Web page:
Precision air records 30.4bn/- loss

Tanzania’s biggest private airline, Precision Air, has recorded a loss of Sh30.4 billion, ahead of the news indicating it is facing a financial crisis.

The Dar es Salaam Stock Exchange listed company (PAL) reported in its annual financial results for the year ending March 31, 2013 – a copy of which The Citizen has - that its loss increased to Sh30.4 billion, negating the Sh1.8 billion profit it recorded the previous year due to increase in running costs.

The company says the number of passengers over the period went up by 8.5 per cent to 895,650 against 825,150 a year before but the revenue was eaten by the increase in direct and indirect expenditures.

According to the statement, direct expenditures went up by 24 per cent to Sh145 billion due to an increase in the cost of fuel and equipment related costs.

Aircraft maintenance costs increased from Sh11.9 billion in 2011 to Sh23.6 billion in 2012 mainly due to the high cost of maintaining the Boeing 737 Fleet, remarks Precision Air in the statement.

Indirect expenditure on the other hand grew by 18.6 per to Sh42 billion, driven mainly by staff related costs that went up by 8 per cent to Sh28.5 billion against Sh26.4 billion the year before.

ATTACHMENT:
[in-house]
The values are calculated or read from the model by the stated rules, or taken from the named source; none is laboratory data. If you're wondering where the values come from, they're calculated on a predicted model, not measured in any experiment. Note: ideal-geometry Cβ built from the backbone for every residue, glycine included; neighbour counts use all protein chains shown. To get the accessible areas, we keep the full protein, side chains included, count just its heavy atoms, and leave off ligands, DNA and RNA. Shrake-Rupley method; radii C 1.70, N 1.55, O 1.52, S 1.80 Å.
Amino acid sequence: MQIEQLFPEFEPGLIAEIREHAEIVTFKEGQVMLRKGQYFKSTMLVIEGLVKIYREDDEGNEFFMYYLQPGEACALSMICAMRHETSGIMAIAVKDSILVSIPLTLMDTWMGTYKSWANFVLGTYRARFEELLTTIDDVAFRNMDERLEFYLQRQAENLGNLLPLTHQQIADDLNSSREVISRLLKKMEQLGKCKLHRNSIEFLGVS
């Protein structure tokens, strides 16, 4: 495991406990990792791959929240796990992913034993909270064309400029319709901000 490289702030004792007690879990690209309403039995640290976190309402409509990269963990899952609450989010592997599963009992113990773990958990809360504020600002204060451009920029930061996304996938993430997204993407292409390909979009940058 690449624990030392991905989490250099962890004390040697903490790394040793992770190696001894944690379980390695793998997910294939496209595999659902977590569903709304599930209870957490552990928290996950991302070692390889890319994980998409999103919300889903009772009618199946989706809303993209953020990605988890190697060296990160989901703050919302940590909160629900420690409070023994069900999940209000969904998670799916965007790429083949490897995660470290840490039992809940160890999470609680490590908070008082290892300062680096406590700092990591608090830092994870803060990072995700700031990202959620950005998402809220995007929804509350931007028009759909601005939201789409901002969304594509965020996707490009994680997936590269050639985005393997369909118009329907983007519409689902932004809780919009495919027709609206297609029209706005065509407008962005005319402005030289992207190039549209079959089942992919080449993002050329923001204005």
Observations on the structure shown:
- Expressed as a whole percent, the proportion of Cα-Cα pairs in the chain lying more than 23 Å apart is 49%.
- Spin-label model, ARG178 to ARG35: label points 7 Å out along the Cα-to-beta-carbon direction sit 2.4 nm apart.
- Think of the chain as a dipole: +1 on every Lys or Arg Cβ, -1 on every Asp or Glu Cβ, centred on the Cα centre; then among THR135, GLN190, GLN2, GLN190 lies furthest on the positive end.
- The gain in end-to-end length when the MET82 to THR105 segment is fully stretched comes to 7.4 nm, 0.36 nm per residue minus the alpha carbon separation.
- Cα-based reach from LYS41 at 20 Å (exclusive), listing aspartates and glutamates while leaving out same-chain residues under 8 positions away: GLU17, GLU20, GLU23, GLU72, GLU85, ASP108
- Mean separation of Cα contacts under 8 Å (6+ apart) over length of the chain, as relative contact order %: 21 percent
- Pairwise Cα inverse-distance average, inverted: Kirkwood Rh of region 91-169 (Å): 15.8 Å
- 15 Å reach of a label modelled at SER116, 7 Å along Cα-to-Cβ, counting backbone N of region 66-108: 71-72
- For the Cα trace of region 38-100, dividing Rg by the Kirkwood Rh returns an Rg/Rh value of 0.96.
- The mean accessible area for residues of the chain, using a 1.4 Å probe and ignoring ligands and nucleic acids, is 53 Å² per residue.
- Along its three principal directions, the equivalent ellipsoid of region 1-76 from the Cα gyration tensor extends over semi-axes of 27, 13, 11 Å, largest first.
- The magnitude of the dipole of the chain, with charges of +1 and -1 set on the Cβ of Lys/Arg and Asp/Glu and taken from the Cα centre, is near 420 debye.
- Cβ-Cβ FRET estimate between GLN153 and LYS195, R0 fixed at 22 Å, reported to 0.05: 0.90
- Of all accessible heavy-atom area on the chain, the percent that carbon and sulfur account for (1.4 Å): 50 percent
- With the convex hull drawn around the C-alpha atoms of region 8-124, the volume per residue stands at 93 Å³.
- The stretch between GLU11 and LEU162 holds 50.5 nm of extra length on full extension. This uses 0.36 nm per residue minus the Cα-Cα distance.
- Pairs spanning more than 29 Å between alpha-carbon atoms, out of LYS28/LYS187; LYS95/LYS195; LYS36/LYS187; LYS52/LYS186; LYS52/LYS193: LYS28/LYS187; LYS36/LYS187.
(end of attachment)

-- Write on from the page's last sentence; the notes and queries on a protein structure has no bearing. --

Financing cost grew up by 8 per cent due to overdrafts, whereas the company accrued a loss in foreign currency exchange of Sh4.4 billion which is a 50 per cent increase over the previous year’s.

The company also says loss on impairment of receivables grow to Sh8.6 billion from Sh0.3 billion the previous year due to additional provisions made in relation to other carriers billing rejections that were unprocessed by year end.

“Considering the performance, the group recognised the need to execute a turnaround. Towards that end, the board has made changes in the top management which has developed a new 5 year strategic plan already approved by the board,” says the statement issued by Michael Shirima, the chairman, and Sauda Rajab, group managing director & CEO. 

Much as Boeing 737 aircraft leases, staff retrenchment and internal efficiencies, and revenue enhancement opportunities which include third-party maintenance and third party advertising.

Precision Air was reported to be in a financial turmoil and desperately in need of a $32 million (about Sh51.2 billion) bailout package to enable it to meet urgent cash obligations that include servicing bank loans and paying aircraft suppliers.

Mr Shirima said the airline was going through tough times because of huge debts accumulated after it ordered seven aircraft worth $136 million (Sh218 billion at current exchange rates) from the France-based French-Italian aircraft manufacturer Avions de transport regional (ATR) in 2007.

The debt ballooned because the anticipated cash flow after the company listed on the Dar es Salaam Stock Exchange in 2011 did not materialise.
Source: The Citizen,reported by Alawi Masere, from Dar es Salaam, Tanzania
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